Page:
By now, you might have heard that Murderdrome has been banned by Apple. This is due to the part of the sdk that suggests content must NOT offend anyone in ‘apple’s reasonable’ opinion. Here at infurious, we would love to work with Apple to ensure a content rating system can be put in place to allow material that is no more offensive than many of the R rated films available to download on iTunes.Once it was government bodies that banned content, and the U.S. has constitutional protections against such activity. But legal rights don't extend to dealing with private companies, and increasingly they act as gateways to content. One day Wal-Mart decides what is family-friendly enough to be put on sale, the next day it's Apple.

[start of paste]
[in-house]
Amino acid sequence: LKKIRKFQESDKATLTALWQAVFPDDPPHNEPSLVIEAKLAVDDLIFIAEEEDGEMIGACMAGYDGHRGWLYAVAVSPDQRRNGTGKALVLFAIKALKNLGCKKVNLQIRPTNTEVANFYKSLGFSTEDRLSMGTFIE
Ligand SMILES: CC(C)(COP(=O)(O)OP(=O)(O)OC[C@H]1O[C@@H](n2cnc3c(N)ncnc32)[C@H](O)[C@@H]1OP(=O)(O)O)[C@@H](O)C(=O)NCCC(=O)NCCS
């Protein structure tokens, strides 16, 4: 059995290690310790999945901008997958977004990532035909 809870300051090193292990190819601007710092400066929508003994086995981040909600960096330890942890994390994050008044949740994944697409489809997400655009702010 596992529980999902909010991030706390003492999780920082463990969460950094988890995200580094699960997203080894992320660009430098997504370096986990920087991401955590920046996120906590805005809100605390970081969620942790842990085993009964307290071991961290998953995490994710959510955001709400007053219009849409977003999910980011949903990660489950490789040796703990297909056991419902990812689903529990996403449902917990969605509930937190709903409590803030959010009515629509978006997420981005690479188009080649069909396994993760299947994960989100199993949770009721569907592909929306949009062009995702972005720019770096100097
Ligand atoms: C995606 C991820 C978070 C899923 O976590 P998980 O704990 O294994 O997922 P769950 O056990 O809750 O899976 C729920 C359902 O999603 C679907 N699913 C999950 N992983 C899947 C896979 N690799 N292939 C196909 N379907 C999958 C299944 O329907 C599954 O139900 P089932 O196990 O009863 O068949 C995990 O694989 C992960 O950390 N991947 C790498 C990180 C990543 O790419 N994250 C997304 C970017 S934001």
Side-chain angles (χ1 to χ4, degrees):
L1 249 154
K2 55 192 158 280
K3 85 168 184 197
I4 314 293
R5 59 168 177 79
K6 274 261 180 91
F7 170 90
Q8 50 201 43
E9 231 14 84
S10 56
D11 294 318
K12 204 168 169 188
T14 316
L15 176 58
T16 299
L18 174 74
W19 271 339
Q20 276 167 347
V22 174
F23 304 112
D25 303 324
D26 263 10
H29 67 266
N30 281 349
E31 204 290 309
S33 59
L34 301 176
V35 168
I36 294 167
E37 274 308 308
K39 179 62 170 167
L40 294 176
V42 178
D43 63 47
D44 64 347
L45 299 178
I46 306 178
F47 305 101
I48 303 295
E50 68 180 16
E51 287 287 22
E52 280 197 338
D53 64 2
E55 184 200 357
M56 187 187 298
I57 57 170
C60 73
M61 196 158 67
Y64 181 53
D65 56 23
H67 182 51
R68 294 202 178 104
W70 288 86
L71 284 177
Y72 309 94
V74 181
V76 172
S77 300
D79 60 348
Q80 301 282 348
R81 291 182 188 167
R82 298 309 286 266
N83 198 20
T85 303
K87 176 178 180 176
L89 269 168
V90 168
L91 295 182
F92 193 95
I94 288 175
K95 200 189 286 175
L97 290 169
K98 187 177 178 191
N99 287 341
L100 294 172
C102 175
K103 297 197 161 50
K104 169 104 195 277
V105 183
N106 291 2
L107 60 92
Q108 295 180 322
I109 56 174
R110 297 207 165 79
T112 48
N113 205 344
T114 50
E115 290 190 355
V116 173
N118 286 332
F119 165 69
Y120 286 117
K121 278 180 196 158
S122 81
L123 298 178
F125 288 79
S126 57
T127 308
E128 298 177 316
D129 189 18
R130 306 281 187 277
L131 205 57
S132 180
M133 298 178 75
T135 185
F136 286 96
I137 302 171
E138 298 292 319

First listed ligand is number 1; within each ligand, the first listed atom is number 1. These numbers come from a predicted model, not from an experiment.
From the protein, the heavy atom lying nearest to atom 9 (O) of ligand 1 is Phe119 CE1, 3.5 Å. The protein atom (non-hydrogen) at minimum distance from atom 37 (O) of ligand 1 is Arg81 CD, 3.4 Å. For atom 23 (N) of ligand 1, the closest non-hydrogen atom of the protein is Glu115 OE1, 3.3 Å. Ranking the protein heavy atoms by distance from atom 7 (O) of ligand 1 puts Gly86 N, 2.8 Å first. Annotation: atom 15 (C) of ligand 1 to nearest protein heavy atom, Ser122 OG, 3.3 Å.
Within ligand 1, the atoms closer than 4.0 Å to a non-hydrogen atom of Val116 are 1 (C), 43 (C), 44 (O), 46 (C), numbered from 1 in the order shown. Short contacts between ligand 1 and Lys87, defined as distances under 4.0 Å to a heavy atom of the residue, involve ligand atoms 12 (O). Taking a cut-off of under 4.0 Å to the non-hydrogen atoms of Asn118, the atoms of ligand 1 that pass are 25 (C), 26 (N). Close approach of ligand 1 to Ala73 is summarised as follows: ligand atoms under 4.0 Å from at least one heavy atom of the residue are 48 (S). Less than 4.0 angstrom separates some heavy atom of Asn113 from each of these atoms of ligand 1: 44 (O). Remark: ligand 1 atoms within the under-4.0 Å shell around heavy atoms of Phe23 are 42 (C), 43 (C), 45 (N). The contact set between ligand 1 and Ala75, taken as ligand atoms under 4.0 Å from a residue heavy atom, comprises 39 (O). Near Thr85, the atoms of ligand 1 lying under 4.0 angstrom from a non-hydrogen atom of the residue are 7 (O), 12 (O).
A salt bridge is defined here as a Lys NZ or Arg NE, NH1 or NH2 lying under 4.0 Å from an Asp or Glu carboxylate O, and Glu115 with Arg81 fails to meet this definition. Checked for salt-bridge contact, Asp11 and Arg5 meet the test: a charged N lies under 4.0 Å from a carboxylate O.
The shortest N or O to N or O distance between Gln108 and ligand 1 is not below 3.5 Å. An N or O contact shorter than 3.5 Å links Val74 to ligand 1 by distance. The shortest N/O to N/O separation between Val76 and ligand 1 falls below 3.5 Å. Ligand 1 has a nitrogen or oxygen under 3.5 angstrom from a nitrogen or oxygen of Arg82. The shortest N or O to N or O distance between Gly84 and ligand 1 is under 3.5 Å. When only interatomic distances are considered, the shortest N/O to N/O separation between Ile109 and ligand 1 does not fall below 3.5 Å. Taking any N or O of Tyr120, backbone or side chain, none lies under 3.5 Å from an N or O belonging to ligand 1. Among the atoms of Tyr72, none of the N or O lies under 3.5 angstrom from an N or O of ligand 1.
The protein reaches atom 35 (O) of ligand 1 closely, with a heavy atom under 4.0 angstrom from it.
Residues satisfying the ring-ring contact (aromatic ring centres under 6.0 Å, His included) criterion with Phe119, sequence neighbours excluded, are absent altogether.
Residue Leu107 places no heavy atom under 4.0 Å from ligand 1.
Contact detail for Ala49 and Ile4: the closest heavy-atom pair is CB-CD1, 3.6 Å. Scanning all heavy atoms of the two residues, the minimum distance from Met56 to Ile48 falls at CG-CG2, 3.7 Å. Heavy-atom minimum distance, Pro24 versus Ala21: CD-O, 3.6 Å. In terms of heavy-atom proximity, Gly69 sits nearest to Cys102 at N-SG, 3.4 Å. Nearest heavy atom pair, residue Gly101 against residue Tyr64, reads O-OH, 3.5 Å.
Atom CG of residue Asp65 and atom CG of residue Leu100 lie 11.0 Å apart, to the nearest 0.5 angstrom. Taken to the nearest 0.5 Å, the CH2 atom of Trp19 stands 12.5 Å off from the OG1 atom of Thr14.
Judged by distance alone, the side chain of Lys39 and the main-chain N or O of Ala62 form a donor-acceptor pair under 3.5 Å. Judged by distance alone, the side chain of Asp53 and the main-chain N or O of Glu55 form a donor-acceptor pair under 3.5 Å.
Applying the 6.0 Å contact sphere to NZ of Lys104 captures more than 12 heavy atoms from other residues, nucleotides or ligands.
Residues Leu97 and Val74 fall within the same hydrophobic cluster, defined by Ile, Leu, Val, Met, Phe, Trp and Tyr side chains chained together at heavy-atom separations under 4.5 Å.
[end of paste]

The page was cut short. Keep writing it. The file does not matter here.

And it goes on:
At least digital distribution allows those creating the content to distribute it themselves, but let's be realistic for a moment. Have you ever written anything of length, even a short story, let alone a novel? Ever seen the hours a well-executed drawing can take to complete? Ever sat down with other musicians and tried to record songs? It all takes time - lots of it. That's why creative people need to find commercial outlets, because otherwise they have to do something else in addition to make a living, and while many of us will toil away in extra hours, it's often just not enough. To shut down the few commercial outlets to expression, which might allow more expression, is to cut off the ability for most people to make their creativity available. That puts the control of culture into the hands of corporations. To see the result, turn on a television or radio, or read a magazine or hyped book. Don't think that things can't get worse, because they can.